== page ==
We’ve covered quite a bit the recent developments involving perovskite as an extremely promising light-to-energy conversion semiconductor. Now, researchers at University of Cambridge, University of Oxford, and Ludwig-Maximilians-Universität are performing research on perovskite-based devices that work the other way around by emitting light. Their research has turned out promising results that suggest high-brightness LEDs, manufactured at low cost and more easily, can be harnessed using perovskite.
High power LEDs of the future
“Perovskite” is a general term used to describe a group of materials that have a distinctive crystal structure of cuboid and diamond shapes. Their efficiency at converting light into electrical energy has opened up a wide range of potential applications. The perovskites that were used to make the LEDs are known as organometal halide perovskites, and contain a mixture of lead, carbon-based ions, and halogen ions known as halides. These materials dissolve well in common solvents, and assemble to form perovskite crystals when dried, making them cheap and simple to make.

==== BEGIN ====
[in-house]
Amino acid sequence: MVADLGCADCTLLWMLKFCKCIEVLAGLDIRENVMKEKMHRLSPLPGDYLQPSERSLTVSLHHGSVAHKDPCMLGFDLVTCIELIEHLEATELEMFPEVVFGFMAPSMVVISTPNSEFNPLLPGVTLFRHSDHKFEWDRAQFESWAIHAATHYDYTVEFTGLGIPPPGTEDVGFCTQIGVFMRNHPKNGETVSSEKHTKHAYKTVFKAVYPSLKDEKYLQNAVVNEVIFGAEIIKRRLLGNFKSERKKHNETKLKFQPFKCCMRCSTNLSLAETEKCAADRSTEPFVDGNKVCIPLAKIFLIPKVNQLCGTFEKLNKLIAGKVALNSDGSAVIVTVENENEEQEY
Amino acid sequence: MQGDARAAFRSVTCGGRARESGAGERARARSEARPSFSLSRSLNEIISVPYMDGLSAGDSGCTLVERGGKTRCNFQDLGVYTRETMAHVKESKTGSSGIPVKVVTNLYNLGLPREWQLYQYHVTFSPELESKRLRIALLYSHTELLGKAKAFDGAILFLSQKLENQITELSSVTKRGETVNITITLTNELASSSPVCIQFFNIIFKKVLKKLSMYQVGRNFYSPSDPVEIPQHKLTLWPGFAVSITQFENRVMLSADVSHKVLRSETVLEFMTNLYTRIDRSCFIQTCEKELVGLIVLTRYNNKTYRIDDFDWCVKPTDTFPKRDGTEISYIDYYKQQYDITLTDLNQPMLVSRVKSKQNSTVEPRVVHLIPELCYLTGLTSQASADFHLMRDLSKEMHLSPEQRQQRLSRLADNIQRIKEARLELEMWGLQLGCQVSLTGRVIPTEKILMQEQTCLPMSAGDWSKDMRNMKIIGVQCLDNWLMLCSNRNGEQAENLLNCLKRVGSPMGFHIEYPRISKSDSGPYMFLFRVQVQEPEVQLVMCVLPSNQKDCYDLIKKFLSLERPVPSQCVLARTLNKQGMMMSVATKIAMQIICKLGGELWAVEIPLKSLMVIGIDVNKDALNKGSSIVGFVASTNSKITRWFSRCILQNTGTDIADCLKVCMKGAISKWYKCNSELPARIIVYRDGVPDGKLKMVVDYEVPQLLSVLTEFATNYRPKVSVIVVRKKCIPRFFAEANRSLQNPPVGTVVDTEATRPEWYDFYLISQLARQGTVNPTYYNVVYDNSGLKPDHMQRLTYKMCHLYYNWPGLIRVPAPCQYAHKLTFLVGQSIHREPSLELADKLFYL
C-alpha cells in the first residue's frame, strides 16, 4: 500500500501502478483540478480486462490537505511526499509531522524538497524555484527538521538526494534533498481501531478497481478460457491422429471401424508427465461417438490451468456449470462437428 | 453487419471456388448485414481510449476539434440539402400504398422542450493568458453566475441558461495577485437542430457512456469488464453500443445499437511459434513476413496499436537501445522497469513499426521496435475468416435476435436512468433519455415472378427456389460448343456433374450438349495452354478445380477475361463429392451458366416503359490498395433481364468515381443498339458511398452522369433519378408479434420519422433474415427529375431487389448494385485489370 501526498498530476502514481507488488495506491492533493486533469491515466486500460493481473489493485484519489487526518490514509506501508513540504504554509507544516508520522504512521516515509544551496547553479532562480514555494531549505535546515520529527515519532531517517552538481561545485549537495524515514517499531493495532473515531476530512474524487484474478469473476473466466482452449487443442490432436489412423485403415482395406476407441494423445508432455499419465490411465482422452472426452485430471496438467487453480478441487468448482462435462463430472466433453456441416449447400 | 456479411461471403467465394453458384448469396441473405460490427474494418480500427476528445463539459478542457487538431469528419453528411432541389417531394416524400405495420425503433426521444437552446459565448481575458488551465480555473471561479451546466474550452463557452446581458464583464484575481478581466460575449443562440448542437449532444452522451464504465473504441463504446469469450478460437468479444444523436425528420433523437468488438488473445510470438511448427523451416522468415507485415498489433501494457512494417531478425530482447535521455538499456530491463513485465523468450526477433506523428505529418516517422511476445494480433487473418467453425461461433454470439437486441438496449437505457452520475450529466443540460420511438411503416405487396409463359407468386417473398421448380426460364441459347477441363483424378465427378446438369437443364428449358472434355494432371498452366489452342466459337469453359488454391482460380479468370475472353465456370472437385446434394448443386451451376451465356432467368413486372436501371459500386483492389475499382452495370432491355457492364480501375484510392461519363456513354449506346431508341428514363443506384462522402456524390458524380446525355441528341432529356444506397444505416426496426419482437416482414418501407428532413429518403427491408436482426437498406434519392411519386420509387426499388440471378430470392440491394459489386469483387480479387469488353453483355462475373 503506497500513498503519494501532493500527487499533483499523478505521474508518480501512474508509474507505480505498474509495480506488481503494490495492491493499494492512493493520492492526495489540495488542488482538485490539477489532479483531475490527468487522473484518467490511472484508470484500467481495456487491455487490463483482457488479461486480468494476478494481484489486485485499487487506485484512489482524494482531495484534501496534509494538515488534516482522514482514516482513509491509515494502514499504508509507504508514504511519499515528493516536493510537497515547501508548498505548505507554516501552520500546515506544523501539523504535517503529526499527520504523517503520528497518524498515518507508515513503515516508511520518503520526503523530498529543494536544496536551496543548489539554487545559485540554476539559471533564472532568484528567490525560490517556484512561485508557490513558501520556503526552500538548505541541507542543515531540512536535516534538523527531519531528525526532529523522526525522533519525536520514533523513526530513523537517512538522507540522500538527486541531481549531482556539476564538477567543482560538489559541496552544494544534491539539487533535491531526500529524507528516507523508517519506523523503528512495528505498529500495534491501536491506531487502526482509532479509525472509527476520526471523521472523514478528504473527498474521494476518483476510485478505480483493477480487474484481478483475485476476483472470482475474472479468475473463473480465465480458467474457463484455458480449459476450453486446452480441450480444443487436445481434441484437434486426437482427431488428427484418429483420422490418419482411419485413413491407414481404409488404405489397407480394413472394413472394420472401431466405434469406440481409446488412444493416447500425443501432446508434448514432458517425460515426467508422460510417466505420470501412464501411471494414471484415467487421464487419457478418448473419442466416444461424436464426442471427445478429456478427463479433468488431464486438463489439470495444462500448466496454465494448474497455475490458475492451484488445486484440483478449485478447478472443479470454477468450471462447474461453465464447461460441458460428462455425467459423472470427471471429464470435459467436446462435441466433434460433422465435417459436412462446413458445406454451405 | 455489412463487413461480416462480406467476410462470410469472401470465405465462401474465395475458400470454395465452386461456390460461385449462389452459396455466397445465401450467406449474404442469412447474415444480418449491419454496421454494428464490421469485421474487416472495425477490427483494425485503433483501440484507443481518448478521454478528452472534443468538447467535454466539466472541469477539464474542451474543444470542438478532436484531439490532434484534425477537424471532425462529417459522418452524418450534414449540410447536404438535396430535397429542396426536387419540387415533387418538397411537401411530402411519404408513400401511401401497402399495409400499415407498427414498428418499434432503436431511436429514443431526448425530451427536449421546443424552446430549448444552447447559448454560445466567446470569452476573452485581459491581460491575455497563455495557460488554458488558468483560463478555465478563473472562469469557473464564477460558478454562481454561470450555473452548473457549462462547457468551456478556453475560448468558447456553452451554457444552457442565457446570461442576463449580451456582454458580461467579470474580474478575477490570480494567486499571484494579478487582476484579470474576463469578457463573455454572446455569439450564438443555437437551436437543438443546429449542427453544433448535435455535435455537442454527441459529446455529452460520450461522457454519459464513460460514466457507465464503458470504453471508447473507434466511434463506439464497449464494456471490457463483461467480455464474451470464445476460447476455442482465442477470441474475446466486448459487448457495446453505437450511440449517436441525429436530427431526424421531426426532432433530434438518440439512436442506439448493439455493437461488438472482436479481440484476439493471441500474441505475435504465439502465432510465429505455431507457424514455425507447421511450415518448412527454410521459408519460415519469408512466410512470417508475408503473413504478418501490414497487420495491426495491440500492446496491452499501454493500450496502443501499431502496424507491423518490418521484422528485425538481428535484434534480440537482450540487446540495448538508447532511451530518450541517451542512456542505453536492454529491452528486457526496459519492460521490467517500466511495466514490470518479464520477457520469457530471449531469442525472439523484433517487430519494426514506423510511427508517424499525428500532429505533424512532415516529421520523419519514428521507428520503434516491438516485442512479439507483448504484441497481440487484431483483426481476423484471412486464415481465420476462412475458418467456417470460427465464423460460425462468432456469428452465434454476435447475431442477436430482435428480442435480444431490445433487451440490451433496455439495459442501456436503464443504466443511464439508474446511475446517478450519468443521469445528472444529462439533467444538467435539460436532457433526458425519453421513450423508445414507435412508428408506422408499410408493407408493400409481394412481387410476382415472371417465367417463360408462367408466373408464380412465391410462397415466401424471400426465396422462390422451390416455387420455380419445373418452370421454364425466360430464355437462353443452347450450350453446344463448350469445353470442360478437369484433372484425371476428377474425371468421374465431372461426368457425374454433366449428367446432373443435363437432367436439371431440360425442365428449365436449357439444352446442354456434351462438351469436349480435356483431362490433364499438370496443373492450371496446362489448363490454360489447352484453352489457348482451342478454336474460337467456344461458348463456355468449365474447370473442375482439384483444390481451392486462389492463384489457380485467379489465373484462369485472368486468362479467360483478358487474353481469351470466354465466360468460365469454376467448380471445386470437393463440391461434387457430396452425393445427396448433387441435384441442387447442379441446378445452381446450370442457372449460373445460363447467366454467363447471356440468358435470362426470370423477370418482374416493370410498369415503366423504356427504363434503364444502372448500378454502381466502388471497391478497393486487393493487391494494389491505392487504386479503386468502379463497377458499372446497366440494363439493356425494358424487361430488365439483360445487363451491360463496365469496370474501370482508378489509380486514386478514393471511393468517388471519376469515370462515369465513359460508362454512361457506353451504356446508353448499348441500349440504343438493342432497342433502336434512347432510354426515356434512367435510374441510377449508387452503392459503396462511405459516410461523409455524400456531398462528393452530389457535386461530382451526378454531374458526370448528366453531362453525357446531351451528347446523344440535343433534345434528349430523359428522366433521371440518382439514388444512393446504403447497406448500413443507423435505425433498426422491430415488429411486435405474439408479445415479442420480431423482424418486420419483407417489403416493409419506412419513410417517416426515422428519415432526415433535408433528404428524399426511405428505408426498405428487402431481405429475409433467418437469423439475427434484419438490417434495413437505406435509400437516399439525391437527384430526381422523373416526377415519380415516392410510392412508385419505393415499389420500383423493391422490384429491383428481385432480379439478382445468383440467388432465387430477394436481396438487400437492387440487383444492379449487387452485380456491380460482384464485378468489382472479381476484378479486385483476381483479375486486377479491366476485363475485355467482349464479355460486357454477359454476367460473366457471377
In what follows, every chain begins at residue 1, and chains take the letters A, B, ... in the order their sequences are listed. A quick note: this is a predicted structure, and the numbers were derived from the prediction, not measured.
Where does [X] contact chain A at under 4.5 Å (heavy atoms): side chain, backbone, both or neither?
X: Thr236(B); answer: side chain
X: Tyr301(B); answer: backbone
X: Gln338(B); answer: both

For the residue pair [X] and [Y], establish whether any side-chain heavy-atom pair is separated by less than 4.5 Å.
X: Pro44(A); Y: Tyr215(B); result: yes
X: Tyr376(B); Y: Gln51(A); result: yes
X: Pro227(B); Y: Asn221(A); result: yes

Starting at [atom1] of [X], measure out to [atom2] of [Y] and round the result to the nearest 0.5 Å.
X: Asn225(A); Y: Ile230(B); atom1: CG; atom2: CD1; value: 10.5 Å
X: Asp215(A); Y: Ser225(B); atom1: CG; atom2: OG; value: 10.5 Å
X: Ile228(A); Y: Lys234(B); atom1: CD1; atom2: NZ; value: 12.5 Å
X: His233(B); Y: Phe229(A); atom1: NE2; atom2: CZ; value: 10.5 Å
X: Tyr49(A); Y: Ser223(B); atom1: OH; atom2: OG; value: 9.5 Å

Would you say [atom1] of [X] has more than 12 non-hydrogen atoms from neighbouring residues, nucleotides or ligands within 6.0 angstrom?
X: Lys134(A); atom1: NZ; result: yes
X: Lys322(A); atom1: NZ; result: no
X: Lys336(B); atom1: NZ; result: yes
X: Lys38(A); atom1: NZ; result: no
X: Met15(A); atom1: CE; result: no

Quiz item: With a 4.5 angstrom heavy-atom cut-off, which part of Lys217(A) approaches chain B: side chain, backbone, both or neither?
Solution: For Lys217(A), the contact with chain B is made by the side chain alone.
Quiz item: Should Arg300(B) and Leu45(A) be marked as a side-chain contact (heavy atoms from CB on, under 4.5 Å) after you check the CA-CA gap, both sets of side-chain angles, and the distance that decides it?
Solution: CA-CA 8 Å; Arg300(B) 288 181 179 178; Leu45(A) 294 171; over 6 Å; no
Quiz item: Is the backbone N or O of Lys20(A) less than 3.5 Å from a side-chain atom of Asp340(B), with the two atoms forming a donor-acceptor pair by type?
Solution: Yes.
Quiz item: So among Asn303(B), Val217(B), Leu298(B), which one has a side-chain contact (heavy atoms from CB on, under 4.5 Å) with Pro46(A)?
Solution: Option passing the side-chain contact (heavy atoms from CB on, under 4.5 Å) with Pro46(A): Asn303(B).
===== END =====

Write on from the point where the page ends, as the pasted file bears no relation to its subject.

“These organometal halide perovskites are remarkable semiconductors,” said Zhi-Kuang Tan, a PhD student at the University of Cambridge’s Cavendish Laboratory and the paper’s lead author. “We have designed the diode structure to confine electrical charges into a very thin layer of the perovskite, which sets up conditions for the electron-hole capture process to produce light emission.”
The team reports an infrared radiance of 13.2 W sr−1 m−2 at a current density of 363 mA cm−2, with highest external and internal quantum efficiencies of 0.76% and 3.4%, respectively. The LEDs were made a simple manufacturing process, where the perovskite solution is prepared and spin-coated onto a substrate. Unlike current LED manufacturing, the process doesn’t involve high temperature, vacuum or complex purification procedures, because the perovskite assembles readily into crystals. The team is now looking to increase the efficiency of the LEDs and to use them for diode lasers, which are used in a range of scientific, medical and industrial applications, such as materials processing and medical equipment.
Findings appeared in the journal Nature Communications.
Enjoyed this article? Join 40,000+ subscribers to the ZME Science newsletter. Subscribe now!